Reading about Blue R again, I was motivated to put some Canadian books from the 60s (and one from more recently), side by side to look (informally) at influence in book design and printing. I cannot make an explicit case for direct influence here, but there are striking similarities in book design aesthetics among certain Canadian publishers of poetry in these years. In any event, these are beautiful productions that speak to one another. My apologies for the poor quality photos–I only own the paperbacks in most cases, and thus can’t lay them flat.

As is often the case with modern Canadian book design, we begin with Frank Newfeld. These are photos from two of the “Design for Poetry” titles: Ralph Gustafson’s Rivers Among Rocks (1960) and Phyllis Gotlieb’s Within the Zodiac (1964), both published by McClelland & Stewart. Read what Randall Speller has to say about the series in his wonderful article from Devil’s Artisan.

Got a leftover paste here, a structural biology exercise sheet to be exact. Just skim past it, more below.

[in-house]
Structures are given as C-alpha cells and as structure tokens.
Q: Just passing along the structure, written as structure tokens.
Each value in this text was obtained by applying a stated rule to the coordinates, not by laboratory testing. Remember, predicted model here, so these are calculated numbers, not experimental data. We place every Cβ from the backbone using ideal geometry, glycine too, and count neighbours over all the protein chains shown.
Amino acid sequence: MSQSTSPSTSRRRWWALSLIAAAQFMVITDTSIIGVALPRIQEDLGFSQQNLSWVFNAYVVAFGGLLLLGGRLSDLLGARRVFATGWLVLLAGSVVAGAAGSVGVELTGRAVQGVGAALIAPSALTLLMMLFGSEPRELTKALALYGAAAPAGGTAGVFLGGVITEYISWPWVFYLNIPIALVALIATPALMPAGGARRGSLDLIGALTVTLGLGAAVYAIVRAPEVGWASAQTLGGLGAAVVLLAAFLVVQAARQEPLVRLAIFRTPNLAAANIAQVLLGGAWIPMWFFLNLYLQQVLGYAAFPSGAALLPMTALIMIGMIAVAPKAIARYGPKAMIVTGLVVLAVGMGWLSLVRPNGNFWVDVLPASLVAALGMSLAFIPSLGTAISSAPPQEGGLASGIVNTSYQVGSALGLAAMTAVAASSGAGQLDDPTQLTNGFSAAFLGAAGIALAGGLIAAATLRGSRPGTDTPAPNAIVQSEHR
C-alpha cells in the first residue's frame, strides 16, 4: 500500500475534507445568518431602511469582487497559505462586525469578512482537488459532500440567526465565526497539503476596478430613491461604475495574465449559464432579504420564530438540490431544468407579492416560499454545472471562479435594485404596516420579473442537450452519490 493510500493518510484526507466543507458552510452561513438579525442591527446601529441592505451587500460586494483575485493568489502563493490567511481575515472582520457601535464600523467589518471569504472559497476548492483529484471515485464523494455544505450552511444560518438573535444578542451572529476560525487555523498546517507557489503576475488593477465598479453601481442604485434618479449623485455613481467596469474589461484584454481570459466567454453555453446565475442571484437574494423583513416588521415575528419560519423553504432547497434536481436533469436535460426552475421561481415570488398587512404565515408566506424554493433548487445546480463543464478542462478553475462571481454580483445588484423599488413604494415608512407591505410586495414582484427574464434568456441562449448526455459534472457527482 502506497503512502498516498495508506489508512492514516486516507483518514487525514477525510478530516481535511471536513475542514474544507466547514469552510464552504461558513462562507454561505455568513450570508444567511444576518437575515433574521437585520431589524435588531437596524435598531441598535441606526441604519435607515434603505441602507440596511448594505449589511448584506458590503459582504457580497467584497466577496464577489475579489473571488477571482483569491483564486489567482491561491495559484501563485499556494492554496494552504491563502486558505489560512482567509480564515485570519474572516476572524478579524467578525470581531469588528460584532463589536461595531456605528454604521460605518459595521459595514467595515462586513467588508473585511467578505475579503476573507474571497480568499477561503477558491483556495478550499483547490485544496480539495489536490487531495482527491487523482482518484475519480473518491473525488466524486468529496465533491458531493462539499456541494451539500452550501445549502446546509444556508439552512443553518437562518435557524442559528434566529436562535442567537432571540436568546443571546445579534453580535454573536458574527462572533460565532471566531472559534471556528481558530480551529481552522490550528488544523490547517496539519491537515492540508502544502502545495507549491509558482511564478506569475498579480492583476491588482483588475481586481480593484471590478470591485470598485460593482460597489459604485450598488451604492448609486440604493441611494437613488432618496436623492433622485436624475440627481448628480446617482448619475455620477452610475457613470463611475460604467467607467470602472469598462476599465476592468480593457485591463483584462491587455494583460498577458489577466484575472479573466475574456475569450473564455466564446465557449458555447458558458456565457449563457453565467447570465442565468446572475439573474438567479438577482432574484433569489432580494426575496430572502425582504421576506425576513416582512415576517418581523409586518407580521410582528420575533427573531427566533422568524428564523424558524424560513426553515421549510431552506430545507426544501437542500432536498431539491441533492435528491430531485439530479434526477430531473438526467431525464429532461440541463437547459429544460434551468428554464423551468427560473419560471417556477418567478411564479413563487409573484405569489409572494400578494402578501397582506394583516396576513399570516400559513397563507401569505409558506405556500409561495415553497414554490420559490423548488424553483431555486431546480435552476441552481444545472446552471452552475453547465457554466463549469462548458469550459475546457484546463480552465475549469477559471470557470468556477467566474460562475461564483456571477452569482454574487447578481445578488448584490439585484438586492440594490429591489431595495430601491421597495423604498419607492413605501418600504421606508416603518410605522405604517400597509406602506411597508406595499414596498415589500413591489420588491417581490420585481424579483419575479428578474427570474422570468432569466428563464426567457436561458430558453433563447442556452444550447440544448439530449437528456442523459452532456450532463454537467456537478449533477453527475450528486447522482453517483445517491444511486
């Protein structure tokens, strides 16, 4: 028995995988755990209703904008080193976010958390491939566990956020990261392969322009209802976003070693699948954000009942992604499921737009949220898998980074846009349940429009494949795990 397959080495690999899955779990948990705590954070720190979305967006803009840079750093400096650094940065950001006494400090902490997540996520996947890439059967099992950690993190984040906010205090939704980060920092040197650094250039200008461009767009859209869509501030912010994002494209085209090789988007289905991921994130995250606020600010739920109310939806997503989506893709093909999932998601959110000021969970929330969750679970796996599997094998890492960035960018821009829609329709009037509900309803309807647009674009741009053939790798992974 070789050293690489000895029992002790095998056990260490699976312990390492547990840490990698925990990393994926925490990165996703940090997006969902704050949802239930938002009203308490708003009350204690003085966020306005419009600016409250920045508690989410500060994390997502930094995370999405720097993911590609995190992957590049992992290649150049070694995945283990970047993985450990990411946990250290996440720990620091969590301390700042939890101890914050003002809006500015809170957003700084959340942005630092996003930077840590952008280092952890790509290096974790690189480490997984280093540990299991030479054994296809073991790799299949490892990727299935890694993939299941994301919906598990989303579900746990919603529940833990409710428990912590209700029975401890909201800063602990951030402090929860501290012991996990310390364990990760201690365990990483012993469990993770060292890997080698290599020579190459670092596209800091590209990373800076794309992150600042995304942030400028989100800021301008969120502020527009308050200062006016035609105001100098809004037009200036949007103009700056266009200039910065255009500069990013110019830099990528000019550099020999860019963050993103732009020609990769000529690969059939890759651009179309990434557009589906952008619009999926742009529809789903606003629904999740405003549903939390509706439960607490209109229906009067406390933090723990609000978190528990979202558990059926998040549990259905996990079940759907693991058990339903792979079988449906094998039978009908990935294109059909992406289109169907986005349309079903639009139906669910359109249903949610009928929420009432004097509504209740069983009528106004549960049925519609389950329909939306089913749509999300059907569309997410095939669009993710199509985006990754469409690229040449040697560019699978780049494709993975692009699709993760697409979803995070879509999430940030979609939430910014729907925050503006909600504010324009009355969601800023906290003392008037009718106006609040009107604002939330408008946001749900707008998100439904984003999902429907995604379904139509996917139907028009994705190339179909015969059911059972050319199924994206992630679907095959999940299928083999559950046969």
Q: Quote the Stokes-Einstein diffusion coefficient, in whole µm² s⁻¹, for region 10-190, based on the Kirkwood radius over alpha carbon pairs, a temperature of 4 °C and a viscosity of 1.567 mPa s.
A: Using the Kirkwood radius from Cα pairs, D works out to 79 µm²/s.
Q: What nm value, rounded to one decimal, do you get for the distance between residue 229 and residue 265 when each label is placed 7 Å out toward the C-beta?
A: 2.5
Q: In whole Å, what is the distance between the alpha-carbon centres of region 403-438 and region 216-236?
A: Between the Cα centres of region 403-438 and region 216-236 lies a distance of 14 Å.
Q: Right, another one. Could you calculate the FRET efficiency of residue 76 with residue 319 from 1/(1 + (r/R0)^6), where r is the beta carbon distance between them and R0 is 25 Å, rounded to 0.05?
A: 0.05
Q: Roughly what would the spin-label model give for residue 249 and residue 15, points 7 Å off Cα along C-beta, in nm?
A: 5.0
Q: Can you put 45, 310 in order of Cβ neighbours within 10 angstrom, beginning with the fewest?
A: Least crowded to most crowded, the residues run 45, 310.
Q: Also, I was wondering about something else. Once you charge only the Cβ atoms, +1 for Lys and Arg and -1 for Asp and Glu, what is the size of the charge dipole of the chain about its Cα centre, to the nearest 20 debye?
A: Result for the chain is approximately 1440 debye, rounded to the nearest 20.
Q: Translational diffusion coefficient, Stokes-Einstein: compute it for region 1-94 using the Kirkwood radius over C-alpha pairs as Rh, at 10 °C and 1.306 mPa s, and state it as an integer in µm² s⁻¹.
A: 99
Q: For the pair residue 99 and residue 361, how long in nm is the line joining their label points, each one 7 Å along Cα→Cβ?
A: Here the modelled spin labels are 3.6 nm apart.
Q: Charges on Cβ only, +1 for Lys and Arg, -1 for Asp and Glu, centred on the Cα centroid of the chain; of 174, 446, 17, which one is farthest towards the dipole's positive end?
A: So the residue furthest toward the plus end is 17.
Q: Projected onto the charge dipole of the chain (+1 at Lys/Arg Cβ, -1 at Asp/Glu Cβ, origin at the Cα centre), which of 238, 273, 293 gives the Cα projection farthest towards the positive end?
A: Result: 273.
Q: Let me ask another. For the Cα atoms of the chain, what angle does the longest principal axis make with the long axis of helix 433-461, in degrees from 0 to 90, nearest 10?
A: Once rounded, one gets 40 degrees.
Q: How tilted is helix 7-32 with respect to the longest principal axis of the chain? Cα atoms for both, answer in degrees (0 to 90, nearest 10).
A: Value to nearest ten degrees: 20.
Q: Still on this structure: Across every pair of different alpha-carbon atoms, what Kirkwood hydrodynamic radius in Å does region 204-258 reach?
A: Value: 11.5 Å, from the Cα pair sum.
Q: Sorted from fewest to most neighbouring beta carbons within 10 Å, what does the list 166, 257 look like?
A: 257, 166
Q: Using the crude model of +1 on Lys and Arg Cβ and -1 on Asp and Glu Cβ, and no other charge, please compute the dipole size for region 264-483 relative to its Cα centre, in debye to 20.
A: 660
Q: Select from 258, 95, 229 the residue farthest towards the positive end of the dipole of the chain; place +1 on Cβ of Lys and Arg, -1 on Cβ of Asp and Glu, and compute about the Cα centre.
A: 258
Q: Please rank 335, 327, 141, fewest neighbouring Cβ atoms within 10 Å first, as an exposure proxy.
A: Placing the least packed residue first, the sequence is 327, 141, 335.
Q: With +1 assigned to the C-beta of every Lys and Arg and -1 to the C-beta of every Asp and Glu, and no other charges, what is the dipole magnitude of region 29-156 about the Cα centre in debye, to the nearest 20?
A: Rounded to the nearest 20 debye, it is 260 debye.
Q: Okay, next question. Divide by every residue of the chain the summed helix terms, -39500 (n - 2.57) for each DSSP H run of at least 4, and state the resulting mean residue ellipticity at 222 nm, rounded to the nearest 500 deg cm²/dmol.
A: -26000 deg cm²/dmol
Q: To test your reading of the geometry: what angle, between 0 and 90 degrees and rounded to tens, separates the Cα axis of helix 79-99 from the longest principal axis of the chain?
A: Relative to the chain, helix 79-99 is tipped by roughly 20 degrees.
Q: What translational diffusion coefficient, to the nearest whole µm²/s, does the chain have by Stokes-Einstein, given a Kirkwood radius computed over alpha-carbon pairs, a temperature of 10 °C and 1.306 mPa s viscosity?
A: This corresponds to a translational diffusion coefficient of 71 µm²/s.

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Moving chronologically, here are images from the two books that came off of the Blue R Hand Press for Emblem: Wind a Rocky Country by Alden Nowlan (1961) and The Blur in Between by Al Purdy (1962).

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The Blur in Between

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Stan Bevington has been explicit regarding his admiration for Frank Newfeld’s design work and it’s influence on what Coach House went on to do. Below are images from one Coach House title (I’ll do another post at some point with images of a number of Coach House books from the late 1960s and early 1970s), Joe Rosenblatt’s The LSD Leacock (1966). Note that this is the second printing from 1968.